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"Wilde"—A Story of Addictive Love


By Elaine Cassel

Being maligned and even prosecuted for whom and how you love has a long historical and legal tradition. One of the greatest wits and playwrights of the English literary tradition, Irish-born Oscar Wilde (1854-1900), sacrificed everything for the love of the wrong person of the wrong sex at the wrong time.

"Wilde," starring Stephen Fry and directed by Brian Gilbert, is taken from Richard Ellman’s definitive biography, Oscar Wilde (Random House, 1987). It focuses on Wilde’s tempestuous, abusive, destructive, long-time affair with Lord Alfred Douglas (played by Jude Law), the son of the Marquis of Queensbury (Tom Wilkinson).

Shortly after Wilde married, he realized that he has a strong sexual attraction for young men. But Wilde fell in love with the wrong young man when he fell for Lord Alfred, known as Bosie. For Bosie was the son of a brutal tyrannical father. In addition, the Marquis was intensely homophobic. Rather than trying to keep their affair silent, Bosie used his relationship with Wilde to get at his father, and Wilde, of course, was happy to be the center of attention—whatever its nature.

But Wilde stepped over the line when he took the Marquis’ bait (the Marquis publicly accused Wilde of committing sodomy) and sued the Marquis for libel. Not only did Wilde lose the lawsuit, but the facts that came out at the civil trial led to his criminal prosecution for sodomy. Wilde was sentenced to two years hard labor. His wife and children suffered greatly; they eventually left England to escape the intense publicity.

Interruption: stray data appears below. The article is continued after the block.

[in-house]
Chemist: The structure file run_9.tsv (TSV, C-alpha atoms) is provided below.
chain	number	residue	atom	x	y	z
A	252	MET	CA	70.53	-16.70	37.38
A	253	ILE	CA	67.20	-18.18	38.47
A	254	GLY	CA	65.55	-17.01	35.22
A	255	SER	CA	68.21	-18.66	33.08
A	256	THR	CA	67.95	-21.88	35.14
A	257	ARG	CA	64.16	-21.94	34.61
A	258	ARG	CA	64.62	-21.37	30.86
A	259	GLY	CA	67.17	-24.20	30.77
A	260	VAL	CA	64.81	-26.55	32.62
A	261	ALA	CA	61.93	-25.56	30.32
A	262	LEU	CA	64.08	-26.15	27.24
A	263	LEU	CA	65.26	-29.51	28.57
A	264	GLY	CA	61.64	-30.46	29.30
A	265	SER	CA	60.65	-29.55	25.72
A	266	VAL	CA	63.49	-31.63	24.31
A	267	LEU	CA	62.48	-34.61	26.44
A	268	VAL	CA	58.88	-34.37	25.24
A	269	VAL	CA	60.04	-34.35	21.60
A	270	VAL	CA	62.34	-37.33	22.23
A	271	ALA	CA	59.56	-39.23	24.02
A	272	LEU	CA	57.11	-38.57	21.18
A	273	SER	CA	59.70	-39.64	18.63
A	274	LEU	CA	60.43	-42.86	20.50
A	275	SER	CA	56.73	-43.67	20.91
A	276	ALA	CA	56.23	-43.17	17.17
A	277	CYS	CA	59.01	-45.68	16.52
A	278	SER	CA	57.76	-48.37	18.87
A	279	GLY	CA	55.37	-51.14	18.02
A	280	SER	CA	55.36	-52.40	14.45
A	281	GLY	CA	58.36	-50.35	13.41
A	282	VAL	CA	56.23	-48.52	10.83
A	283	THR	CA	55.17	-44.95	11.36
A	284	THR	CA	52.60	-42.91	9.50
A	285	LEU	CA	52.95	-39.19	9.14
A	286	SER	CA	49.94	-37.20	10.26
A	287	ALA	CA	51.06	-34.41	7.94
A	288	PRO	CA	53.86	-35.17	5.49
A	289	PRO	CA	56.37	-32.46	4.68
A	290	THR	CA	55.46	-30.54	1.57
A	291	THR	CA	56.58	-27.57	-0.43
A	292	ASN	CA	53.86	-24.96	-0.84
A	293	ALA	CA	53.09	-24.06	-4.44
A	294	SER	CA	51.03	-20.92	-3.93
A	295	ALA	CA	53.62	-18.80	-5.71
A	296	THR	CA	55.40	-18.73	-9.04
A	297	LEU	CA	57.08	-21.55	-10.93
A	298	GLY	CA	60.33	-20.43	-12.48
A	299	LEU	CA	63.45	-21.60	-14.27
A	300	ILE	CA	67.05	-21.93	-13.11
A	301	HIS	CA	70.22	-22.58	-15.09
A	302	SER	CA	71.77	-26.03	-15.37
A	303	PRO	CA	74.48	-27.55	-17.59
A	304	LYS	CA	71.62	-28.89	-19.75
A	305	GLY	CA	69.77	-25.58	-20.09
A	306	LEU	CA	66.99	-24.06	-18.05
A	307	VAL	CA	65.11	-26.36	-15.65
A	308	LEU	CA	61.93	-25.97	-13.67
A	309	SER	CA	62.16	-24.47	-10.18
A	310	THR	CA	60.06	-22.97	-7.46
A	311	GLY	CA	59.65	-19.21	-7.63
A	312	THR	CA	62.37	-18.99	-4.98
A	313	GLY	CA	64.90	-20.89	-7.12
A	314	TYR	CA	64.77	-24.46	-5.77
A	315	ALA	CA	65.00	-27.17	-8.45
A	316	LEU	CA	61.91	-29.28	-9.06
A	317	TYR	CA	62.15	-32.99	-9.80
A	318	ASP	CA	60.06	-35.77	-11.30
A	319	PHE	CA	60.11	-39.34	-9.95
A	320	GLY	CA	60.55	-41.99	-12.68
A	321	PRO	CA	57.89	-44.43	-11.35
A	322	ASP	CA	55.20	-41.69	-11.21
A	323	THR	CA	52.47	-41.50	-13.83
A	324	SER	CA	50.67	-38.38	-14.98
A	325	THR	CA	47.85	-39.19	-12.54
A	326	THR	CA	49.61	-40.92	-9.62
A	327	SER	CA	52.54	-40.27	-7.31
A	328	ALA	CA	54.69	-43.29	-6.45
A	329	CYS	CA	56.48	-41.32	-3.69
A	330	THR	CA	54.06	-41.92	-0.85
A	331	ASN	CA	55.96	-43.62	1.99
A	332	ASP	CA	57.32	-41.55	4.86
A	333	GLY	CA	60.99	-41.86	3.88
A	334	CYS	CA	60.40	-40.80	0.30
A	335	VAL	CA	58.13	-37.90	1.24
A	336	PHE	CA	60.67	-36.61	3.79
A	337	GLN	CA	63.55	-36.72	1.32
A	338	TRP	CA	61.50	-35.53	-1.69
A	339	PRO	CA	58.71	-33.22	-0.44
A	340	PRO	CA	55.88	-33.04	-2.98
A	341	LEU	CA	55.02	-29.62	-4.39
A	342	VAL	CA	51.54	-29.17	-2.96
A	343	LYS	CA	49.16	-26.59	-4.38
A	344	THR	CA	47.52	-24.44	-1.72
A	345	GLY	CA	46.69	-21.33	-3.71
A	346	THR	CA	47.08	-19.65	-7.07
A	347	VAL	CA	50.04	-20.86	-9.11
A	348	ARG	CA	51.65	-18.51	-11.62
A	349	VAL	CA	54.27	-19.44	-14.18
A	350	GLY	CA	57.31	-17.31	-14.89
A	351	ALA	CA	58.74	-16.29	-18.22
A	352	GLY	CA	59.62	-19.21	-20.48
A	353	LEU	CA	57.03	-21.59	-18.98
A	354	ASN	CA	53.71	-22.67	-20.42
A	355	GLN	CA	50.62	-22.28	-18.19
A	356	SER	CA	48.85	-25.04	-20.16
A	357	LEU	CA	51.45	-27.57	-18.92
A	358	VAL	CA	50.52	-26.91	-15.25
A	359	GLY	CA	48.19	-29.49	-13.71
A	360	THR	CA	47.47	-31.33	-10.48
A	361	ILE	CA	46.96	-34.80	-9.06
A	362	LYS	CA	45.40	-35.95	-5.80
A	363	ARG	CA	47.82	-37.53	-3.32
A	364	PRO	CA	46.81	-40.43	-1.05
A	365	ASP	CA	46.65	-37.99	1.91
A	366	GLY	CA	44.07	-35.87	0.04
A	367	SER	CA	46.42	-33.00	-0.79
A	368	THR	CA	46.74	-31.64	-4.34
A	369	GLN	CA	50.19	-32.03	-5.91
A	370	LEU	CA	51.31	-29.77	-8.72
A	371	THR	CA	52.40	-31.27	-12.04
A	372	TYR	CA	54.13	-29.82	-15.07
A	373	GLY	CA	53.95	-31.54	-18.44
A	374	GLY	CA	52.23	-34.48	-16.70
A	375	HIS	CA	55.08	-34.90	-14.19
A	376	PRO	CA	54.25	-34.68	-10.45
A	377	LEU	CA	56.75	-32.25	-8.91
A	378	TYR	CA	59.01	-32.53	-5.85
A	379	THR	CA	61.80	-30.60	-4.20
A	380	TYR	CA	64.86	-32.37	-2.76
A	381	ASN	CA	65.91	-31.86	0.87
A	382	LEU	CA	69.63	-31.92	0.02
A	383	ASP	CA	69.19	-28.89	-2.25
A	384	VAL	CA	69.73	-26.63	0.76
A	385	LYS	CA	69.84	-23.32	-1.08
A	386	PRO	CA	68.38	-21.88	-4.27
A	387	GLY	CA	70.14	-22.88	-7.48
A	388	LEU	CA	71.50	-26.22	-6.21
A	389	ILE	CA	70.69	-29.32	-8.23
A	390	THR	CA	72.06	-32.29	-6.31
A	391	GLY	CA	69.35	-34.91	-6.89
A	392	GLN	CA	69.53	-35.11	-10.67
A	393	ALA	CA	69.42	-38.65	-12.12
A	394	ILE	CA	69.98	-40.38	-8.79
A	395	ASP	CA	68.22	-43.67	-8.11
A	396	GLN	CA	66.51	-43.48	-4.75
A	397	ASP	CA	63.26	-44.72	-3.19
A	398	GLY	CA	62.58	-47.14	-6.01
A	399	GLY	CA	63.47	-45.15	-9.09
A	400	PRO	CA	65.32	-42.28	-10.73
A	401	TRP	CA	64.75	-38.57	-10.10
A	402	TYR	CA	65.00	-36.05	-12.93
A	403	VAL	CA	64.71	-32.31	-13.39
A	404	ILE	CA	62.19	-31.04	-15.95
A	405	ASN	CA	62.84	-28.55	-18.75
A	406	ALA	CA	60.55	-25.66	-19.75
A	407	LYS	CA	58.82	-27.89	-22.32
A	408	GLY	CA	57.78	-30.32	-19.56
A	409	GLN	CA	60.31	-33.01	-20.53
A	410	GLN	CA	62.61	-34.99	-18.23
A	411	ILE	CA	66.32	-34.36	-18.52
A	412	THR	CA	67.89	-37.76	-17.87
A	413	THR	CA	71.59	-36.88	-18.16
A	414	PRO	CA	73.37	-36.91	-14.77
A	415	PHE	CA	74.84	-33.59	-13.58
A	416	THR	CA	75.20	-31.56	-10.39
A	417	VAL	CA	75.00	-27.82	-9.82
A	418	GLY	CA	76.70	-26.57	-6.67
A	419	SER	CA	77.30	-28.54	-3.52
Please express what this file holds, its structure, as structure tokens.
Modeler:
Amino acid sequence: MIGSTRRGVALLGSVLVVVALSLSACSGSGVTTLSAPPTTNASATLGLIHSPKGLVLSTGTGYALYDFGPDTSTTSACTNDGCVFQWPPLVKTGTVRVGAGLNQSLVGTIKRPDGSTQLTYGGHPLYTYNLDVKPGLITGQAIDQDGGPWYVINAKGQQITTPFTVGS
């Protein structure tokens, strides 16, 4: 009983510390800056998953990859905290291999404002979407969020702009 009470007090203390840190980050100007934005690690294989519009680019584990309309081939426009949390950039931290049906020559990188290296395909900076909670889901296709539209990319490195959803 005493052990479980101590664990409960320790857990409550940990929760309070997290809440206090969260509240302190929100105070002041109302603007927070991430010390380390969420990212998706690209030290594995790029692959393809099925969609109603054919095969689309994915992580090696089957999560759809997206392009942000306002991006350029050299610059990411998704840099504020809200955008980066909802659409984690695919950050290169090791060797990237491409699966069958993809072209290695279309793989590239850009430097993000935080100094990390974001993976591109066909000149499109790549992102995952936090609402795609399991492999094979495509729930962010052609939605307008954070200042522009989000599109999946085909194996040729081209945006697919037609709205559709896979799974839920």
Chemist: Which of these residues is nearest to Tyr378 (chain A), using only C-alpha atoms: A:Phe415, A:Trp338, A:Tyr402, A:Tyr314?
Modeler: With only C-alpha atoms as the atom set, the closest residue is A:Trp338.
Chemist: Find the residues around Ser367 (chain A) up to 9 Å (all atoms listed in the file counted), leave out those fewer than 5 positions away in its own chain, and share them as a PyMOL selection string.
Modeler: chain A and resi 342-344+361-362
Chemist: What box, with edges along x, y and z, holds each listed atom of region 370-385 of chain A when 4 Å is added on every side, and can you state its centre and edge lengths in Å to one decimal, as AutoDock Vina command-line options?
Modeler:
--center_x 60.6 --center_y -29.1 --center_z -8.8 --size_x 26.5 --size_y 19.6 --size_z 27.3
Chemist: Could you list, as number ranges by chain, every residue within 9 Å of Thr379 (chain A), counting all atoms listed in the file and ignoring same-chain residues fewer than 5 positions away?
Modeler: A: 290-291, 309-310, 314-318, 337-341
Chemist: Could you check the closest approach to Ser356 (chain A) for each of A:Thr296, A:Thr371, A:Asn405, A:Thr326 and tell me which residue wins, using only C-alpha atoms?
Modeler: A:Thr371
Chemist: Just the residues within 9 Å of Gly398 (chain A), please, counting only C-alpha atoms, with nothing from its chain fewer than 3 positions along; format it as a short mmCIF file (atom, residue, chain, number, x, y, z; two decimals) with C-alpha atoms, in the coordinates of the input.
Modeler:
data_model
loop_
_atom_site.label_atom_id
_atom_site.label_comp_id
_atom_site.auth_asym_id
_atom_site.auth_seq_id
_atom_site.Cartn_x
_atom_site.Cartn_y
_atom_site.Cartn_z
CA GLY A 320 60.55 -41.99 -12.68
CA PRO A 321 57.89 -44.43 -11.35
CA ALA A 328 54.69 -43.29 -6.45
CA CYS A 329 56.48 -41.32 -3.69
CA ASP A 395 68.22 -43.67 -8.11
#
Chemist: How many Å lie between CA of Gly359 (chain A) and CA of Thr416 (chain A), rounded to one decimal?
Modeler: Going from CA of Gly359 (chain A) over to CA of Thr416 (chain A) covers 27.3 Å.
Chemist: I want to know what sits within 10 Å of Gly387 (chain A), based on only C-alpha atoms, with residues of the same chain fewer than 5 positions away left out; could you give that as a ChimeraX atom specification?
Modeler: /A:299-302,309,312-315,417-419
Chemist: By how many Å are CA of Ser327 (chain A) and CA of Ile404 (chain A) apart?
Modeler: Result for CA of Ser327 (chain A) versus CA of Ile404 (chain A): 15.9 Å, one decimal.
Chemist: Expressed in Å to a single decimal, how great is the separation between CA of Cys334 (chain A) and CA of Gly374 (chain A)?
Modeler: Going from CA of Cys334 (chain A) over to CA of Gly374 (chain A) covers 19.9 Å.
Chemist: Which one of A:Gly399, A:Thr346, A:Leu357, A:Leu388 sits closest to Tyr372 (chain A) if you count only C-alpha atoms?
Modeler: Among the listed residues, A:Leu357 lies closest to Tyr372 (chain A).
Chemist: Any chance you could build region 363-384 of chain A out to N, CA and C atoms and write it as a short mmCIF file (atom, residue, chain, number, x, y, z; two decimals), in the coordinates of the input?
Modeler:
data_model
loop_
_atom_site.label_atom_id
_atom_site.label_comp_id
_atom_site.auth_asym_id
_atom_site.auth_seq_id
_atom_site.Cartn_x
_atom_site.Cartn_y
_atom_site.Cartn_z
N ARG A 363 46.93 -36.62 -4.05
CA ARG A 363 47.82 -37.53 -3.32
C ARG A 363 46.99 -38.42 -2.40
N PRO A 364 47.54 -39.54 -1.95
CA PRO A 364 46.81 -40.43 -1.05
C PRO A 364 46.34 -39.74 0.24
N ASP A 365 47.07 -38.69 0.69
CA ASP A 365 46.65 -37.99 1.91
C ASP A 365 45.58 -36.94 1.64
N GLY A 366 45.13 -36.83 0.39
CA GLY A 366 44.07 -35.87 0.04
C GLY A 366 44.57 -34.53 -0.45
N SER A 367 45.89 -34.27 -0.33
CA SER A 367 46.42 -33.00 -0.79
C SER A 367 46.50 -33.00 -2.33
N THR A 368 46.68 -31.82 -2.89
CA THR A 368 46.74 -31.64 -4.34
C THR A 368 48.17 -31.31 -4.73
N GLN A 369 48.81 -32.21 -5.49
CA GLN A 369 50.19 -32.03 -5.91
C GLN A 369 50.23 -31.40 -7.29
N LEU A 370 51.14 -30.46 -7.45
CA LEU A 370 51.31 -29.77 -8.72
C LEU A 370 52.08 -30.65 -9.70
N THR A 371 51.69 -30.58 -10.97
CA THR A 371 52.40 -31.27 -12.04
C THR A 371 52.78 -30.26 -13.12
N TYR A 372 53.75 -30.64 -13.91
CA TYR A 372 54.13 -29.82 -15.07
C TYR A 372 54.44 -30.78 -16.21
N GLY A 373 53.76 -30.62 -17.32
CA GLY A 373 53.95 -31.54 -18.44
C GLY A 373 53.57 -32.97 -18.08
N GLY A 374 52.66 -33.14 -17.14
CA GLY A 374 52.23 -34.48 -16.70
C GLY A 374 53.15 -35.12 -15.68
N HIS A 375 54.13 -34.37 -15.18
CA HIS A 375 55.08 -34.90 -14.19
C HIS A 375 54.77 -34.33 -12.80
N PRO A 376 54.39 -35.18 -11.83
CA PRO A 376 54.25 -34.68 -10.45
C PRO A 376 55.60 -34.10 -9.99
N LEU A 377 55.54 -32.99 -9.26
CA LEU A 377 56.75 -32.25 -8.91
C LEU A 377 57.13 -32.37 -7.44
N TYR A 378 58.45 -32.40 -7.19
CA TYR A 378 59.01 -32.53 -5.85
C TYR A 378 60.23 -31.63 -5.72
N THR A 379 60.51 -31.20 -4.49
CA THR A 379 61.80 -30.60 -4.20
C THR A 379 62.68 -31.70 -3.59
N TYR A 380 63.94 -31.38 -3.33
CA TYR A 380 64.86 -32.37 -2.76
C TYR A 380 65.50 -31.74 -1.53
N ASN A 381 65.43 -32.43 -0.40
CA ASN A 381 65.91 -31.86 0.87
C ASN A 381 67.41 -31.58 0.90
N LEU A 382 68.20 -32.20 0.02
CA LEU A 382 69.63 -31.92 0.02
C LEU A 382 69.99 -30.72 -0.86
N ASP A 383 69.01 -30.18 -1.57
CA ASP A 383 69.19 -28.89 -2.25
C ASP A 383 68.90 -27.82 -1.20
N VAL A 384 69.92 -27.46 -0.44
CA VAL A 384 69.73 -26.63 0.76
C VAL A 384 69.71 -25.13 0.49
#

Were this all of the story, it would be just another saga of star-crossed lovers trapped in a social and legal setting that was to be their doom. However, this was not a pretty love affair. Bosie was a hateful, vengeful, emotionally and verbally abusive lover. Bosie mocked Wilde's age and Wilde, as a concession to his highly narcissistic lover, tolerated Bosie’s sexual encounters with younger men.

The movie depicts several important developmental and social issues that may play out in romantic relationships. Bosie abused Wilde the way his father had abused him. Wilde was so addicted to his lover that he tolerated Bosie’s abuse and acted irresponsibly in the name of love. The addiction knew no limit. Having lost all for this love—his marriage, his children, his reputation, his brilliant writing career—he was prepared to resume the relationship when he left prison because he had nothing left to lose.

Though we can only imagine how the younger Bosie will treat the aged and broken ex-con, we know that some things—including abusive relationships—rarely change. The movie leaves us pondering the sad fact that even the most brilliant and talented among us can be helplessly ruined by destructive emotions.


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